Where is Selfridges? This is the question many London tourists and fans of the TV period Drama Mr. Selfridge ask. The exact address of the flagship store in London is Selfridges Department Store, 400 Oxford Street, London W1A 1AB. I have shown it marked on the map below by a large red star. It is a huge building that has Duke street on its east side, Edwards Mews on its north side, Orchard Street on its west side and its main entrance is in Oxford Street in the south side of the Building complex.
It is easy to get too. Many bus routes include Oxford street on their route. Search on Google for the transport for London Bus maps. Entre where you are and then put in Oxford Street and it will show you what number bus or busses to take. Buy a London Transport Oyster card at a local newsagents shop or London Underground Tube Station to get a discount on your bus journey fare.
Map of Selfridges Department Store, 400 Oxford Street, London W1A 1AB - map by Bing
It is within easy walking distance of Hyde park and Marble Arch, Buckingham Palace, Big Ben, Piccadilly and Trafalgar Square. All London black cab taxi drivers know where Selfridges Store is but this is a very expensive form of transport unless you are in a group of four to five when the fare can be split between you.
Selfridges & Co have built their own car park at the rear of their shop. The Entrance is via Edwards Mews. Remember that you will be entering the London Congestion Charging Zone so not only will you have to pay to park your car but you will also have to pay the congestions zone charge. It is a lot cheaper to catch a tube train or a bus. As you can see from the map the two nearest London Underground Railway Tube train stations are Marble Arch and Bond Street. Many visitors make the mistake of thinking that because the store is in Oxford Street that the nearest Tube station is Oxford Circus. They Climb out of the Tube station's stairs and into Oxford Street to discover they have a long walk to the west until they can entre Selfridges.
Selfridges Department Store, 400 Oxford Street, London W1A 1AB - map by Bing
Here is a bigger map of London to help you get your bearings. Selfridges' location is marked by the red star in the top left corner of the map. The purple building in the middle of the green park with two lakes at the bottom of the map is Buckingham Palace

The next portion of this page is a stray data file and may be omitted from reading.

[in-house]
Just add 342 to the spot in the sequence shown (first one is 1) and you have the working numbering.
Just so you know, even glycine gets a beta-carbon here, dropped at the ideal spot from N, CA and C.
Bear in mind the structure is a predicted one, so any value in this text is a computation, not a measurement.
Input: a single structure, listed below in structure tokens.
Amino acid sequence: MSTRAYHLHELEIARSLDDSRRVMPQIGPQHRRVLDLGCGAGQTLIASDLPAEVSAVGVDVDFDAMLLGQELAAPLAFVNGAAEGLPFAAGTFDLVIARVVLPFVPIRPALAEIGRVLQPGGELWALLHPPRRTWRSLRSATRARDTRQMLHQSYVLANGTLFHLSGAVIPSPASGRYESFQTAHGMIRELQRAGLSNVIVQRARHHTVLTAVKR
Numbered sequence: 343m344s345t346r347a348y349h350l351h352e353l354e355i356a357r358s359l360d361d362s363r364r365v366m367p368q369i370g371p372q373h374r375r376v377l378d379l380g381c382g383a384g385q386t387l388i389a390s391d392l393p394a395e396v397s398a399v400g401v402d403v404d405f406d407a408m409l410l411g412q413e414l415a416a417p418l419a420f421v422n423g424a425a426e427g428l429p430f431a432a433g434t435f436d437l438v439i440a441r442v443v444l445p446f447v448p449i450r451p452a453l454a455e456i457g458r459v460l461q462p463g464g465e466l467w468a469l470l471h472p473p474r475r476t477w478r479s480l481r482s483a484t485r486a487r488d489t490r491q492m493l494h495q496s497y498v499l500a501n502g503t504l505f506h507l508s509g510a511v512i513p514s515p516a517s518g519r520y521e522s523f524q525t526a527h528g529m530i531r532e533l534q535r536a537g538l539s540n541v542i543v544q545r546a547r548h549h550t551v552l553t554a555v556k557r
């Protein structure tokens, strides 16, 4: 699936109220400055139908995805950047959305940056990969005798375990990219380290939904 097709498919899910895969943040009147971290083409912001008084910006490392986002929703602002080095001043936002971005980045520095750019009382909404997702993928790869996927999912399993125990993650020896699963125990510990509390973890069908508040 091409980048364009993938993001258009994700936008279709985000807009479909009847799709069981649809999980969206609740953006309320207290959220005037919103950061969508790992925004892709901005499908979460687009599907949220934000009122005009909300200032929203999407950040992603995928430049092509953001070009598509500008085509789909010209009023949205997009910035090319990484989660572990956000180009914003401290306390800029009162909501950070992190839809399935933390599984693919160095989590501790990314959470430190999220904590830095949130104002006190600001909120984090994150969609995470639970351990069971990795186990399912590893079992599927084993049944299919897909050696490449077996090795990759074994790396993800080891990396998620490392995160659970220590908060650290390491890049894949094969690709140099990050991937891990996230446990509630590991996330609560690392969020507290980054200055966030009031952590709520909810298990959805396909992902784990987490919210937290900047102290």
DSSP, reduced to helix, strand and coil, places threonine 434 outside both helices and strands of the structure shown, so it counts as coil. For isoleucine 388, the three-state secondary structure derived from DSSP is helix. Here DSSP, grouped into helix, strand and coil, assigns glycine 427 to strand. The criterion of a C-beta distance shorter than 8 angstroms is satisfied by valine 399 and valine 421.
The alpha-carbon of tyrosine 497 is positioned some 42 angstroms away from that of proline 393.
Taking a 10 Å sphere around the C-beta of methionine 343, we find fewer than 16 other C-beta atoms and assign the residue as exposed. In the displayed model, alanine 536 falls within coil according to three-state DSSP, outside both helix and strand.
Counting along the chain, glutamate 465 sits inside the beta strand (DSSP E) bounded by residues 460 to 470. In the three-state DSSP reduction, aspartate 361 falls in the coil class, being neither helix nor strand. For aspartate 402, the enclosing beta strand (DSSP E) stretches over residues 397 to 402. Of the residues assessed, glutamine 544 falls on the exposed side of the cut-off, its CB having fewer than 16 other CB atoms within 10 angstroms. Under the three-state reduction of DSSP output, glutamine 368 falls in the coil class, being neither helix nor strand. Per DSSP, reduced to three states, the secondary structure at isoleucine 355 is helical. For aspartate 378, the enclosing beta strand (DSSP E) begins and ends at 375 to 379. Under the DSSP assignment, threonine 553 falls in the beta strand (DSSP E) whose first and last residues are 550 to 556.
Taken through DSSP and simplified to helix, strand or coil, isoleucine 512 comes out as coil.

There is a lot to see and do around Selfridges. Of course there are all the shops to visit in Oxford Street, but if you want to discover an amazing part of secret London that many visitors miss, then walk north up Duke Street. This is the road that runs on the east side of Selfridges. After a very short walk you come to the charming picturesque London Square called Manchester Square, that is surrounded with fashionable Georgian Town houses. On the north side is the Wallace Collection. It is a large Period house that is jammed packed with art, weapons, historical furniture and decorations. It is like walking into a grand country estate house in the English countryside. It is free. There is a wonderful restaurant and tea room in the in the central conservator. It is one of my favorite places in London. When you leave to head back to the hustle and bustle of crowded Oxford Street, walk down nearby James Street and then explore St Christopher's Place. I call it Little Italy because of the amount of Italian and Mediterranean restaurants that in the Summer have outdoor seating on the pavement. It is a great place sit down and have a meal or snack.
Selfridges Department Store, 400 Oxford Street, London W1A 1AB - Photo by Bing
In this aerial photograph taken of Selfridges London Store, Oxford Street is in the bottom running left to right. You will notice that the store is not one giant building but a number of buildings that connect to each other. In the top right hand corner you will see what looks like a roof garden. Selfridges was famous for its roof top garden where customers during the 1920's and 1930s could relax on the terrace with a cocktail, or take afternoon tea. There was also a small golfing pitch and putt green for customers amusement. It offered amazing views over the London Roof tops. Unfortunately it was bombed during World War Two and suffered major damage. The location of the Roof Garden was in the bottom left corner of the picture, which is now empty, and not the top right. It has only been used since the war for special events like fashion shows, book signings, product launches and film festivals. It is not a regular store attraction.